Companies – change agents in a new climate economy
The historic Paris conference resulted in over 10 000 climate commitments by companies, investors, cities and regions determined to work towards sustainable business models and climate friendly financial markets. Swedwatch welcomes the forerunners who are showing climate leadership – even before governments have had time to start ratifying the Paris agreement.
Ikea, Stockholm City, and ICA Gruppen are among the 347 Swedish actors who have made pledges to action under a number of strategic climate initiatives. On a global scale the pledges are 10,773, coordinated under platforms such as CDP, Caring for Climate, and We Mean Business*. Swedwatch is pleased to note that many of the pledges are visionary yet measurable and they target areas of paramount importance like investments in climate solutions and initiatives to halt deforestation linked to supply chains. Below are some examples worth highlighting.
Companies set scientific, hard target
In contrast to the COP agreement which sets an aggregate emission pathway for a universal climate under 2°C., a small but increasing number of companies aim for harder targets. The Swedish companies BillerudKorsnäs AB, H&M, Stora Enso, ICA Gruppen, and IKEA are amongst a total of 116 companies world-wide who have tied themselves down to scientifically based, time bound targets to make substantial cuts in their carbon emissions under the initiative ‘Science Based Targets’.
100% Renewable Energy
Promoting solutions and alternatives to fossil fuels such as investing in research, development and upscaling of renewable energy is another paramount role of the private sector. IKEA has committed to procuring 100% of their energy from renewable sources by 2020. At the COP21 seminar ‘Fossil-free Sweden’ IKEA’s Head of European Affairs Katarina Maaskant stated, according to the web page of the Government Offices of Sweden, that “Having a goal of 100% is a simple approach; it is clear what everyone must do.”
Cities and municipalities lead the way
At the same time cities, municipalities and regions are increasingly taking climate initiatives, which put them ahead of their own national governments in the race towards creating climate smart societies. For example the city of Stockholm has promised to cut carbon emissions by 80% by 2050. At the COP21, Stockholm City’s Vice Mayor for the Environment Katarina Luhr stated that “Cities account for 70% of global carbon dioxide emissions. Stockholm has an important role to play in lowering our emissions and showing other cities that it is possible if we set ambitious targets”, according to a press release of the Stockholm Green Party.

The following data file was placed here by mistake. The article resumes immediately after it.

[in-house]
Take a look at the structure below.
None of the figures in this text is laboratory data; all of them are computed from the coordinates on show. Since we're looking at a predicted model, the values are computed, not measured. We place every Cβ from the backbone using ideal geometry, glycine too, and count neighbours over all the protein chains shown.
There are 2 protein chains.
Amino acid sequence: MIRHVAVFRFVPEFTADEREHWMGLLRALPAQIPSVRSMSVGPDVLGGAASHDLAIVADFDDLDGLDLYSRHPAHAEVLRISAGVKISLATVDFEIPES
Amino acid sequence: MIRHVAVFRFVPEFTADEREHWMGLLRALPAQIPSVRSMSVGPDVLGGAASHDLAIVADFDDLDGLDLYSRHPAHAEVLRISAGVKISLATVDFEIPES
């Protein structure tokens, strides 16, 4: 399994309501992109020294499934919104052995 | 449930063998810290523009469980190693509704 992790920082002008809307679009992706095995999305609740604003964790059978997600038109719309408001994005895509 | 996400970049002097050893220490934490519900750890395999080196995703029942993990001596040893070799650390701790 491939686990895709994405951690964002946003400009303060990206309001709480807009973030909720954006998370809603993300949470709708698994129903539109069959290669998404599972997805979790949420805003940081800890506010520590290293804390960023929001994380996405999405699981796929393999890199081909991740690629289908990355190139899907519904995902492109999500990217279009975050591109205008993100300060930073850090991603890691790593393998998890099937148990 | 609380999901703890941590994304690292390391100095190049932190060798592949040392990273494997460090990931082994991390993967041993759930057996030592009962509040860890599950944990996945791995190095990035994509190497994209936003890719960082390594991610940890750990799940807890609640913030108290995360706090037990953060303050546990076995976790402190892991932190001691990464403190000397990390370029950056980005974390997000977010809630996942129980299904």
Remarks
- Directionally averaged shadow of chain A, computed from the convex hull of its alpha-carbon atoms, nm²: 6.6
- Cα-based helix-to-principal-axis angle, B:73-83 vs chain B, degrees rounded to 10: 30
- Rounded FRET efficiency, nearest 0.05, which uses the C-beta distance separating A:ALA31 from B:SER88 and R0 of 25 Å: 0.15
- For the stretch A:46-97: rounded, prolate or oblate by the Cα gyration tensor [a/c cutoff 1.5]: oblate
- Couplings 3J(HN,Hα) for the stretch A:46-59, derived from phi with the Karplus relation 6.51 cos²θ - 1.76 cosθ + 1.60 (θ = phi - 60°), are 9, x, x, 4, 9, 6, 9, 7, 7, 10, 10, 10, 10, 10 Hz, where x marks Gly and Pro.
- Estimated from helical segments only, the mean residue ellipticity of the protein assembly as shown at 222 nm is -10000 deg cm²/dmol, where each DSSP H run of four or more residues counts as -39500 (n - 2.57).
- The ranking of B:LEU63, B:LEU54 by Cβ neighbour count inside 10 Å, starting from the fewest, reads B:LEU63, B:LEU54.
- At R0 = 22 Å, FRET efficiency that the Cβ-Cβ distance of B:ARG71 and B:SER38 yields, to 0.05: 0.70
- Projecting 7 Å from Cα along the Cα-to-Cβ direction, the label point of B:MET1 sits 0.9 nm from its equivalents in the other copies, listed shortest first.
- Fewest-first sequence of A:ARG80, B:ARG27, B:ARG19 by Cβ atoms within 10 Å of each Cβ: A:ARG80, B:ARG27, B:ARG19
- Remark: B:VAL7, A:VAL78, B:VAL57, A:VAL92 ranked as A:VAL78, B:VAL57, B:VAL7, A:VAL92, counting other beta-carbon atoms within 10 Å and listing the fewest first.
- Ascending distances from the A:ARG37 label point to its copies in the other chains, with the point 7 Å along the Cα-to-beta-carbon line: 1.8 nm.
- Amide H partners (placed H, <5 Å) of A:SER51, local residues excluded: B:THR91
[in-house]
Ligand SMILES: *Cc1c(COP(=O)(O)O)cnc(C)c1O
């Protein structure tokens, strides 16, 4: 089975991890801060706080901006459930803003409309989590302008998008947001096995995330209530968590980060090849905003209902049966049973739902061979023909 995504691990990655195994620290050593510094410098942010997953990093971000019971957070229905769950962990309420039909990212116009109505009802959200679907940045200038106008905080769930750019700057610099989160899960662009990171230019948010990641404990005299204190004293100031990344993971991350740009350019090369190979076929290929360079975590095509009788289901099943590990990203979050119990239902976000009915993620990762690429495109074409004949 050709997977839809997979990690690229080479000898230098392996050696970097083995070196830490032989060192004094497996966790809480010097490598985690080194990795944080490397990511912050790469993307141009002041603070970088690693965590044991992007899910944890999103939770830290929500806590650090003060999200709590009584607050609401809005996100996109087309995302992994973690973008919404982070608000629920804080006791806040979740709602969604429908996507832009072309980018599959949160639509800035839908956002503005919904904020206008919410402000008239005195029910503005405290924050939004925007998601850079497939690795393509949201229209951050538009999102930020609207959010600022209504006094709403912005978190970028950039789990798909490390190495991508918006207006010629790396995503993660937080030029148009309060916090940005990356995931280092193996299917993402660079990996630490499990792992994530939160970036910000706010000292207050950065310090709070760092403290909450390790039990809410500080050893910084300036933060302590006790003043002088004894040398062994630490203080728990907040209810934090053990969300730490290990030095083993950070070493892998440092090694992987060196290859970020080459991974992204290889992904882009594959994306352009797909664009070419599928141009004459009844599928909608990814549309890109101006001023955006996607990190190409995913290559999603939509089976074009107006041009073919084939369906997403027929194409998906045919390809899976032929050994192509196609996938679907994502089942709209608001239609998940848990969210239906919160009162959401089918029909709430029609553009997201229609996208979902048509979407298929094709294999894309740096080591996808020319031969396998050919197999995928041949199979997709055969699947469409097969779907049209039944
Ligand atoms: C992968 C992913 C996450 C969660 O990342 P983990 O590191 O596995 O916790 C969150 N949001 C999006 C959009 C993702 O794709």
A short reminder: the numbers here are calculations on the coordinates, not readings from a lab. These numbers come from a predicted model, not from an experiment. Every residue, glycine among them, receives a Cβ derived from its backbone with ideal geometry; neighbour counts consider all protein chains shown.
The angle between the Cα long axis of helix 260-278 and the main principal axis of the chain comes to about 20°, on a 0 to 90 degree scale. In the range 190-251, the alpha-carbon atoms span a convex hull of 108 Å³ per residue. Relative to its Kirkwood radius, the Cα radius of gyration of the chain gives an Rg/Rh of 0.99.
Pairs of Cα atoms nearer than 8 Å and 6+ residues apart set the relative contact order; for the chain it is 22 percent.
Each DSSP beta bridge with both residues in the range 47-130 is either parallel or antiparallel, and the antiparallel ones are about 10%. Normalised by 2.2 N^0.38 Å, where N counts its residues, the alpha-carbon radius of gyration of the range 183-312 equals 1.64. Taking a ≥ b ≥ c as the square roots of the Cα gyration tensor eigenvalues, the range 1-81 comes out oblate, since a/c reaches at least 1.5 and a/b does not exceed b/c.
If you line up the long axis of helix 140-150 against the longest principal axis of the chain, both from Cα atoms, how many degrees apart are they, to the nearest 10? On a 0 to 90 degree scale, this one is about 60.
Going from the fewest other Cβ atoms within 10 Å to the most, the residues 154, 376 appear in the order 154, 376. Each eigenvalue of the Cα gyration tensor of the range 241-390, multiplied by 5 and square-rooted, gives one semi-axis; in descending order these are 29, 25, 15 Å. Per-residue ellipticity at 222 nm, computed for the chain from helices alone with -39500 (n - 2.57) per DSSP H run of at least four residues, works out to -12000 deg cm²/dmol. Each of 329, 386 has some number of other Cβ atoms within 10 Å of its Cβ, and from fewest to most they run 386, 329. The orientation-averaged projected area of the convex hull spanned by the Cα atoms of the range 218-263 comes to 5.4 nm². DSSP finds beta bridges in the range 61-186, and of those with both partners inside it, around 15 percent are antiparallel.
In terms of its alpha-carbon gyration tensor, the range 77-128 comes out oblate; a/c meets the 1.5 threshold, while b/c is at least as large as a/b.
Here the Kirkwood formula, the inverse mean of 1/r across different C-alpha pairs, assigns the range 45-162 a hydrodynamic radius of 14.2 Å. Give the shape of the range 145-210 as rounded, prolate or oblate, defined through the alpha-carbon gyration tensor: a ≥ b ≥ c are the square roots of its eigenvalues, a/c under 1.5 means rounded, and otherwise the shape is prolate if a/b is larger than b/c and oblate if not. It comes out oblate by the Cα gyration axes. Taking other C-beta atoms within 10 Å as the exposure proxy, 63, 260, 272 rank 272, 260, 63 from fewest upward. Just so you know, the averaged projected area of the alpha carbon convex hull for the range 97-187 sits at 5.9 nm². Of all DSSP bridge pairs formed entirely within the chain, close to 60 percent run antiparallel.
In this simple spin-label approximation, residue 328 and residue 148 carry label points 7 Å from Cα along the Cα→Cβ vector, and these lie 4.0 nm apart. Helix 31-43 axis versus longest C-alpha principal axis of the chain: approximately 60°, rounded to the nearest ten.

In addition, over fourty local leaders across Sweden have committed to reducing greenhouse gas emissions by at least 20% already by 2020 as apart of the Covenant of Mayors, which requires biannual reporting on progress under the Sustainable Energy Action Plan.
To be able to stabilize the global climate, the world needs to stop destruction of both tropical and temperate forests. In Paris, the Swedish government signed the ‘New York Forest Declaration’, and H&M showed its support by – as the only Swedish company to date – pledging to stop commodity driven deforestation in all their supply chains by 2020 under a CDP initiative.
The realization of effective carbon pricing schemes is key to creating a level playing field where climate smart companies can outcompete polluting, fossil-based businesses and create financial markets, which provide financing for a “2 degrees economy”.
In order to push towards binding carbon price schemes, a group of companies have signed on to several carbon price pledges. The Swedish government, which is among 20 nations and regions in the ‘Carbon Pricing Leadership Coalition’, is backed up by proactive companies such as SAS, Boliden Group and Tetra Pak who have already developed their own internal carbon pricing. Globally, a total of 875 companies and investors are further increasing the pressure by committing to set their own price on carbon over the coming few years.
The Swedish forerunner companies have shown ambition and leadership to act on climate change. Swedwatch looks forward to many more businesses, banks, investors, foundations, municipalities, and universities to be inspired by their bold commitments and follow in their footsteps. In our coming research, reports and media pieces we will analyse how the private sector’s Paris commitments are transformed into tangible climate action, innovation, and investment in solutions.
Unless otherwise stated in the article, the numbers and examples of companies are taken from Nazca, the UN data-base for climate commitments.
* The CDP in collaboration with investors, companies, cities and governments offer a platform to act and be recognized through the disclosure of environmental impacts. Through the use of measurement, transparency, and accountability the CDP aims to drive positive change in business, investment, and policy.
The coalition We Mean Business represent the voices of thousands of businesses and investors who recognize the importance of transitioning to a low carbon economy as a way to secure sustainable economic growth and prosperity for all. Amongst the founding partners are organisations such as Ceres, The Climate Group, the Prince of Wales’s Corporate Leaders Group (CLG) and WBCSD: the World Business Council for Sustainable Development.
Caring for Climate is a partnership between the UN Global Compact (UNGC), the UN Principles for Responsible Investments (UNPRI), the UN Environmental Programme (UNEP), and the UNFCCC, with the main purpose to promote climate initiatives amongst its company and investor signatories.